Dalmatian Food Allergies and Sensitivities
In addition to the purine metabolism issue, Dalmatians are notoriously sensitive in general. Unfortunately, this may include individual food sensitivities or allergies. This is another factor in careful diet planning, changes, and adjustments on a case-by-case basis.
Additional Lifestyle Factors for Purine Management
As noted above, maintaining an active healthy lifestyle with plenty of access to clean fresh water and opportunity to pee can also help to maintain urinary health. This includes staying properly hydrated and emptying the tank on a frequent basis. We don’t want things concentrating in our Dali’s systems. This is good practice for maintaining general urinary health for all pets, not just for purine management or for Dalmatians. Nor is it just for dogs for that matter. Go with the flow, furfriends and humans!
Monitoring and Testing Your Dog's Urine
Regular Vet Check-Ups
Urine testing is something that your vet might recommend as part of your Dalmatian’s routine check ups. In addition to all of the usual health indicators on a standard urine test, they can keep an eye on trends over time and/or analyse sediment for warning signs of crystals or stones.
Collecting a Urine Sample from Your Dog
I still remember the first time a vet asked me to bring in Oli’s first morning urine sample. I was dumbfounded about how I was going to collect. They recommended catching the sample in a ladle and transferring it to a jar. That, my friends, did not go to plan! For larger dogs (especially boys) unless you’re squeamish about such things, I recommend skipping the ladle or other tricks, and becoming a barehanded pee collection ninja. Well, barehanded with a container, of course! I prefer just going right under with the clean jar and catching a free flow sample from our dogs. It’s honestly way easier, there’s less transfer sample contamination risk, and at worst case, you get peed on a bit and need to wash your hands afterwards. Easy as!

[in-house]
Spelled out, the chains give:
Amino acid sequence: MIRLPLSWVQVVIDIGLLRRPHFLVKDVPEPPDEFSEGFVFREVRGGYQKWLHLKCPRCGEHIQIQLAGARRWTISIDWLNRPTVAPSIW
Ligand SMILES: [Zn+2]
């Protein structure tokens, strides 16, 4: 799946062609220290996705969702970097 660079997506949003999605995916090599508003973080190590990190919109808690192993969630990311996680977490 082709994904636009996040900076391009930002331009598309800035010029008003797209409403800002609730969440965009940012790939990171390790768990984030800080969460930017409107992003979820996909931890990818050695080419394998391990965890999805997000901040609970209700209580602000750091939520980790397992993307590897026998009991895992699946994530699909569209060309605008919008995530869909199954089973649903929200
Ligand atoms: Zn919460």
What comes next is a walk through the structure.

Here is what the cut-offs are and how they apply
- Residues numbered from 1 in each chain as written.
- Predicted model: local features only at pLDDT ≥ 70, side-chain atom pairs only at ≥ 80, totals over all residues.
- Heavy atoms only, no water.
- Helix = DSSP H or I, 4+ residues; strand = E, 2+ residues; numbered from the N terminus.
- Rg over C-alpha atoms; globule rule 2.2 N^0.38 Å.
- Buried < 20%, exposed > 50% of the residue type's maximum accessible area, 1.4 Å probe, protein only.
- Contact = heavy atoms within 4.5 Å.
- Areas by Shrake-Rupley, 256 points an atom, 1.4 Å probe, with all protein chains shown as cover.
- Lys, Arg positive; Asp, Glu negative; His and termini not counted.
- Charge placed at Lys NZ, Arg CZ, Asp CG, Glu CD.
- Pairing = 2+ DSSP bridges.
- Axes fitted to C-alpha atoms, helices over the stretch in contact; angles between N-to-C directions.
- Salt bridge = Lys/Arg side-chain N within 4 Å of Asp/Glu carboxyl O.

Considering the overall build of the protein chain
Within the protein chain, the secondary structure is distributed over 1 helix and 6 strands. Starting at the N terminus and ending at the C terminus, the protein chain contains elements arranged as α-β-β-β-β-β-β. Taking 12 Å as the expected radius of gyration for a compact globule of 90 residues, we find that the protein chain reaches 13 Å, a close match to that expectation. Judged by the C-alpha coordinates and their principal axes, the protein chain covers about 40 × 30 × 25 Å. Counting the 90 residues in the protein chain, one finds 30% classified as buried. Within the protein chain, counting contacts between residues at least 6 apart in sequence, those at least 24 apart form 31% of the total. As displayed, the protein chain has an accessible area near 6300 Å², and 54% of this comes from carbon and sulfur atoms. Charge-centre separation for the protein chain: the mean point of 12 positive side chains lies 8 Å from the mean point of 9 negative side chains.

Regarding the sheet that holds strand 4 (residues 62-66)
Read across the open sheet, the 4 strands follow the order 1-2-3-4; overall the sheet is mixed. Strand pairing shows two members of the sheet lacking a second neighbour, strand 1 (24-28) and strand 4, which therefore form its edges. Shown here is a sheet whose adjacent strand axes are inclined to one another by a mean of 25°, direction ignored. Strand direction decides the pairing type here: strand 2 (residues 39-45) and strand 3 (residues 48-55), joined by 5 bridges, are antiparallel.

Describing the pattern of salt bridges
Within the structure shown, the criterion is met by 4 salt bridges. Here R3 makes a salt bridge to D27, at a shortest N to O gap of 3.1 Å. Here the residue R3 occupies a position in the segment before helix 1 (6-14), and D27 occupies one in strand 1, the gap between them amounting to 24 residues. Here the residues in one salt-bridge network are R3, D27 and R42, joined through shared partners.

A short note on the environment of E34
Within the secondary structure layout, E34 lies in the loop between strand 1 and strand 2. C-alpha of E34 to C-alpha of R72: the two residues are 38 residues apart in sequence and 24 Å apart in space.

Testing Your Dog’s Urine at Home
Home testing is a useful way to montior trends between vet checks, follow-up after any issues or illnesses, or proactively check how changes in diet or supplements might be affecting urinary pH. Monitoring can be helpful when you’re aiming to keep pH within the slightly acidic range edging towards neutral (urate stones are more likely to form in very acid urine) or other ranges as recommended by your vet. Urine pH varies depending on the individual dog’s system, health, hydration, diet, time of day, time since fed, and lots of other factors so checking at the same schedule and/or getting to know your dog’s normal variations can be helpful.